+ ‘Blessed are those who have not seen yet believe’
Today, eight days after Easter, each year, we get the story of doubting Thomas, Thomas the Apostle who came late to the party and didn’t believe his friends. He didn’t believe his dead friend was alive, which is actually quite reasonable.
Who and what do you believe? Long experience shows you can trust some people. Did you trust president Putin when he said he wouldn’t invade Ukraine, despite deploying his armies to its borders. I half did, as bluff is a tool of realpolitik. At the same time spreading disinformation and keeping you enemies guessing is essential for a military commander. Likewise I watched fascinated as the opposition parties in the Commons struggled for ways to call the Prime Minister a liar while not being allowed to use that unparliamentary language. In our political system not telling the truth and breaking the law are serious matters, at least if you get found out.
But is truth an absolute, does it matter, and how can we be certain? If the Gestapo come to the door and ask ‘are there Jews in your attic?’, and you are hiding Jews, should you be honest and say ‘yes, there are Jews in the attic’; should you tell an untruth and say ‘no’; or should you prevaricate and say ‘there are no Jews in my attic’, with the mental reservation that we don’t have an attic, we have a loft. The last is like saying, ‘it wasn’t a party, it was a work meeting’.
I know what I would do, what do you think? There are two main Christian views on telling the truth. On is that you should never tell a deliberate untruth, hence prevarication where telling the truth would cause a great evil. The other is that you should never tell a deliberate untruth to someone who should hear the truth.
Which do you accept? In both cases the truth is highly valued. And so it should be as Jesus said, ‘I am the truth’, and the devil is the ‘father of lies’. We heard Jesus say on Good Friday ‘I came into the world is to testify to the truth. Everyone on the side of truth listens to me’, and Pilate replied, ‘What is truth?’ Pilate’s words can be a cop out, thinking there is no absolute truth, it’s like saying ‘all politicians are the same’ or ‘all religions are the same’. No, they’re not, but higher than truth is love.
‘Blessed are those who have not seen yet believe’. Jesus’ words bring us to a new level. We are not speaking about truth in philosophy or war, or politics. We are speaking about the truth of the resurrection of Jesus from the dead. Did he or didn’t he. You can’t prove it scientifically or historically or philosophically. You can only show that it is neither impossible nor unlikely. We are in the realm of faith, but we have already been there, did you believe Putin when he said he wouldn’t invade? Thomas, did you believe Jesus when he said he would rise from the dead?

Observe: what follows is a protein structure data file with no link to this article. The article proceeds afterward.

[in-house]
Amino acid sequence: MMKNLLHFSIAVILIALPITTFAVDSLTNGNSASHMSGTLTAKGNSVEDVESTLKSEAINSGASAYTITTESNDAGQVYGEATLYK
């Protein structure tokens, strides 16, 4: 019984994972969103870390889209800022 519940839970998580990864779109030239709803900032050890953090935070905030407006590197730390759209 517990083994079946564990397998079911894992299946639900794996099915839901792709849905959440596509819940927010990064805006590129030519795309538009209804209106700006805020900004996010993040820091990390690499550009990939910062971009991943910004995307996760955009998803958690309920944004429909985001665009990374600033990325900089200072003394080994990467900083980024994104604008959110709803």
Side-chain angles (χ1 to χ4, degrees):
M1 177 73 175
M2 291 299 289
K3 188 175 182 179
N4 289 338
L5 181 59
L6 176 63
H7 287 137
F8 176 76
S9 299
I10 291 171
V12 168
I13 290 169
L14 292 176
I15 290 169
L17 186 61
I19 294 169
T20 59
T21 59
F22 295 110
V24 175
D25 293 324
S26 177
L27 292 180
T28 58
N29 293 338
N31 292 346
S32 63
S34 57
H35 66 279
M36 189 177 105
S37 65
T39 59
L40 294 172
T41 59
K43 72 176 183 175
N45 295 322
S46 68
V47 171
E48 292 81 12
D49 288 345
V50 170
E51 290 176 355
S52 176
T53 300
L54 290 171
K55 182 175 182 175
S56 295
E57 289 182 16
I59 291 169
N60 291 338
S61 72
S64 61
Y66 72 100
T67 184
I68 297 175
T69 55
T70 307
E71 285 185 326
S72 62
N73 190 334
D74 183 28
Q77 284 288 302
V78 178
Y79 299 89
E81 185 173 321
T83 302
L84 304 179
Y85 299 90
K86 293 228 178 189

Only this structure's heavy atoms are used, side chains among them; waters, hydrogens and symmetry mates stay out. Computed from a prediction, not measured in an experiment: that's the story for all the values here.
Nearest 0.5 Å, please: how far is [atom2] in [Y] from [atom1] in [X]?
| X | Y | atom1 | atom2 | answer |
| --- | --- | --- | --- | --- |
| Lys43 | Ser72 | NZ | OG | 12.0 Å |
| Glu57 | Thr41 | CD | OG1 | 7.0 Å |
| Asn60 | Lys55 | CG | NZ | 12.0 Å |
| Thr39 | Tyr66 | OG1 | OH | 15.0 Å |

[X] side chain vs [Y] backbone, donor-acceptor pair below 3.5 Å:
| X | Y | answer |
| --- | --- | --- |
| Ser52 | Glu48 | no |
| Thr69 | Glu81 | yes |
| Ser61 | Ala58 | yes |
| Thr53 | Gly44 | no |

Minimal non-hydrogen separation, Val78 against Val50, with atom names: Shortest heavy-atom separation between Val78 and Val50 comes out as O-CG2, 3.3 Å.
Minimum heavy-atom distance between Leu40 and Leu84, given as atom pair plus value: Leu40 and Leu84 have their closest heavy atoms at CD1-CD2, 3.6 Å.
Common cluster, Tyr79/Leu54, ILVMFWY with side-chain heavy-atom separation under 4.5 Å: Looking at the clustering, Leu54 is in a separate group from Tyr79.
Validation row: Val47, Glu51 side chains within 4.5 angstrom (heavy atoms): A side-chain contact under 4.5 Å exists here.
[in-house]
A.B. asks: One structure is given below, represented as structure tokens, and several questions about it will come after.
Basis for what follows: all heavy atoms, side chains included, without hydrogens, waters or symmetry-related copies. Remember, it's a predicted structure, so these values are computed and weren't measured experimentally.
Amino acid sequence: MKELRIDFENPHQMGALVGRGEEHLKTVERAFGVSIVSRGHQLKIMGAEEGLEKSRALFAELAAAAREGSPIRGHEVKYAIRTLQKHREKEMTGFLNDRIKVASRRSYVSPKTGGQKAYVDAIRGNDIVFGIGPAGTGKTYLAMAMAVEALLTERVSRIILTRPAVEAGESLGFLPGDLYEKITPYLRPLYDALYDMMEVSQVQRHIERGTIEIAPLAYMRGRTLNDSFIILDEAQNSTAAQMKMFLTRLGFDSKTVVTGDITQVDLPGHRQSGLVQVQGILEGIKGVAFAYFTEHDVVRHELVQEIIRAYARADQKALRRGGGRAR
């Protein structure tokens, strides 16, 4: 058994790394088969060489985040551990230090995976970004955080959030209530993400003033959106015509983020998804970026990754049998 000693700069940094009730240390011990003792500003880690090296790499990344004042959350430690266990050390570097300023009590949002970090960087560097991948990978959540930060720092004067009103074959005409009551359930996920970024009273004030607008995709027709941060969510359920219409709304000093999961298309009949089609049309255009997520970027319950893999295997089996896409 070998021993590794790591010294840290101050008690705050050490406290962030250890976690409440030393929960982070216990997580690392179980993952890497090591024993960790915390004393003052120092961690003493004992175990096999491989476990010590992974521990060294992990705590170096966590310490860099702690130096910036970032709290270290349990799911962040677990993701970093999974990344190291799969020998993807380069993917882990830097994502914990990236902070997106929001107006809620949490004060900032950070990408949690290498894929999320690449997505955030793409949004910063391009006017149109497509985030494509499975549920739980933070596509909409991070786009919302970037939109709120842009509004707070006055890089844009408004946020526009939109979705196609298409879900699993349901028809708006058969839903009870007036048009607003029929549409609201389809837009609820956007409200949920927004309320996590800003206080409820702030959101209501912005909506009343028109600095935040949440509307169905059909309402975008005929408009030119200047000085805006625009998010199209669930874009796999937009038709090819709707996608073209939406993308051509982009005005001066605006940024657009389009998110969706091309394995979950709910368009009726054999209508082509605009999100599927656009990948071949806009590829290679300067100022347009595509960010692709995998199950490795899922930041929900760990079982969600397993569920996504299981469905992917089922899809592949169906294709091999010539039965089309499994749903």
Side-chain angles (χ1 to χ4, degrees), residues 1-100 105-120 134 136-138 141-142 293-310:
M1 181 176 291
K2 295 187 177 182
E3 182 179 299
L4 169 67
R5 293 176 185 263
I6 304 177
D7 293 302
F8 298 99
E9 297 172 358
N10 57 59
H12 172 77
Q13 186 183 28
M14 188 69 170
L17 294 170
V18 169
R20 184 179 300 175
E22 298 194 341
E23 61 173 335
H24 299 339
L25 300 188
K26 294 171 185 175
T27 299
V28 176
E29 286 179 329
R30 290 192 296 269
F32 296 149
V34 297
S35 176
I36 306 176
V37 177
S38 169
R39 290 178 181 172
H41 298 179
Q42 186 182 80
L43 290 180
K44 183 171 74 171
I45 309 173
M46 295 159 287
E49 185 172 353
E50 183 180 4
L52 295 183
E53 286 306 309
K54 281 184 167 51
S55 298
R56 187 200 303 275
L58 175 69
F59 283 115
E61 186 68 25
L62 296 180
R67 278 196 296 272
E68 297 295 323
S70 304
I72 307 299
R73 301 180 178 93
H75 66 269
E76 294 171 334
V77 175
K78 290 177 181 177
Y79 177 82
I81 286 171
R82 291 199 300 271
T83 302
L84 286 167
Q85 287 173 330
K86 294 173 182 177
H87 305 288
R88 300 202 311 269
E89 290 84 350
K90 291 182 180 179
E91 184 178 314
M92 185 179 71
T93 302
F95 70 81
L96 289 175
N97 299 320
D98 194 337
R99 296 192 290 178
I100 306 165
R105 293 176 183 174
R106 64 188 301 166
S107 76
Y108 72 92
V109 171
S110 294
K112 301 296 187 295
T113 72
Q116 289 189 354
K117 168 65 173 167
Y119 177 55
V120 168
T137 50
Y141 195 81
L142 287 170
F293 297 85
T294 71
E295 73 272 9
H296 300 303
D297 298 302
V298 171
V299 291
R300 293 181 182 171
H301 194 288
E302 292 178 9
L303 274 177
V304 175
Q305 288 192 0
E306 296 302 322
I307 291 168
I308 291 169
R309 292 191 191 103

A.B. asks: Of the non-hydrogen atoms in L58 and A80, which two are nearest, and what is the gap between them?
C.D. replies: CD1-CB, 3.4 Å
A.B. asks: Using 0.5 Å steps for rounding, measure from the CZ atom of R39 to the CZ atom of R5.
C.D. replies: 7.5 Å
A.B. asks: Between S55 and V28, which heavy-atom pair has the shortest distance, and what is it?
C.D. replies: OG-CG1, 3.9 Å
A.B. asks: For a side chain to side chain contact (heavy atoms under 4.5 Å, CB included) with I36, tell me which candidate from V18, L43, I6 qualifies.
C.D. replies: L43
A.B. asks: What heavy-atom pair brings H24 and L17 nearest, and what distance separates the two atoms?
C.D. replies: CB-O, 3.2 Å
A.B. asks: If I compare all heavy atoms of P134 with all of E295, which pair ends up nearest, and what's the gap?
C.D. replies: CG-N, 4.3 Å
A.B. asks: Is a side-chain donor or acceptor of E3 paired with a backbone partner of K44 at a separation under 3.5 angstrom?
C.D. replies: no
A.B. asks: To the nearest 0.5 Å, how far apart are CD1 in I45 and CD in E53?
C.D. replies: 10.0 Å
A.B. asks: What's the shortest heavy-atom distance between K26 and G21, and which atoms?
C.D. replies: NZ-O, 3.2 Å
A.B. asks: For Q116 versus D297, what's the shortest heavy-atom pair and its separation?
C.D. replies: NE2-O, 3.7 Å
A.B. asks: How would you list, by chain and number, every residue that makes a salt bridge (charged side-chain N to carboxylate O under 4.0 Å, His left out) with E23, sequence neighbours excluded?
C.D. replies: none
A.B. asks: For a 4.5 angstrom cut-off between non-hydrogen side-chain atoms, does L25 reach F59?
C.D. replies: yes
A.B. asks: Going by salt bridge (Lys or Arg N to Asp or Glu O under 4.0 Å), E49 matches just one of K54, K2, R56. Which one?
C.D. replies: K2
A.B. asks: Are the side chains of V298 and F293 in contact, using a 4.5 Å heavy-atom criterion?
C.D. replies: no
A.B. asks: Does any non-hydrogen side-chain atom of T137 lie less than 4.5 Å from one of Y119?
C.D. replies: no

On Monday in Holy Week some of us joined our friends at Cramond Kirk to hear Richard Holloway speak about his life and faith. In his talk he attributed most of the evils of Christianity, which come from a false way of reading of the Bible, to a misunderstanding of the nature of faith. He said ‘the opposite of faith is not doubt but certainty’.
This is quite a powerful statement and needs a bit of unpacking, but it is not as clear as it first appears. On one level it is true. If you had access to Putin’s private diaries or had bugged his office, you might have known with certainty he would invade. In which case it doesn’t matter what you or others might believe, you would KNOW. With certain knowledge there is no place for belief, or doubt. I thought he might not invade, but I doubted this view.
If you have faith, if you believe, there is no scientific certainty and so there must be room for doubt and so faith without doubt is not faith at all. Holloway’s is a powerful argument – that sort of certainty powers the Inquisitor or John Knox as they burn things and people. Thomas, doubting Thomas, is the patron saint of doubt, as so this is a great gospel to preach on.
Yes, but the whole purpose of this story is to move us from doubt to faith. I looked up some sermons and prayers on today’s gospel and most were really hostile to doubt, ‘blessed are those who have not seen yet believe’ = ‘blessed are those who don’t doubt’.
I’m not convinced by this, but I also have one reservation about the Holloway view. The risen Christ has his wounds. They don’t go away but are transformed into signs of victory. The Thomas story is given us for a purpose, this is so explicit that John writes it out, ‘these are written so that you may come to believe that Jesus is the Christ, the Son of God, and that through believing you may have life in his name’. Christian faith is not about facts, will he invade or won’t he, it is not about scientific or mathematical certainty. It does involve belief that something happened, Christ is risen from the dead, but that event can’t be proved by the human mind. Christian faith is not a self-help programme, but like those it is about abundant life. ‘Blessed are those who have not seen yet believe – us – because we will have life in his name.’
Christian faith is trust in God not factual knowledge, as the Letter to the Hebrews teaches: ‘faith is assurance of things hoped for, a conviction of things not seen’. Like the enduring wounds of Christ, which assure us our weaknesses and imperfections will not be destroyed but transfigured, our doubts and uncertainties are part of our faith. But, as Hebrews uses ‘assurance’ and ‘conviction’, for me faith does involve a certainty that is beyond the cold certainty of mathematics. It is a warm certainty, like when you know that someone loves you. This is faith, and this is what Easter is all about: ‘blessed are you who have not seen yet believe’.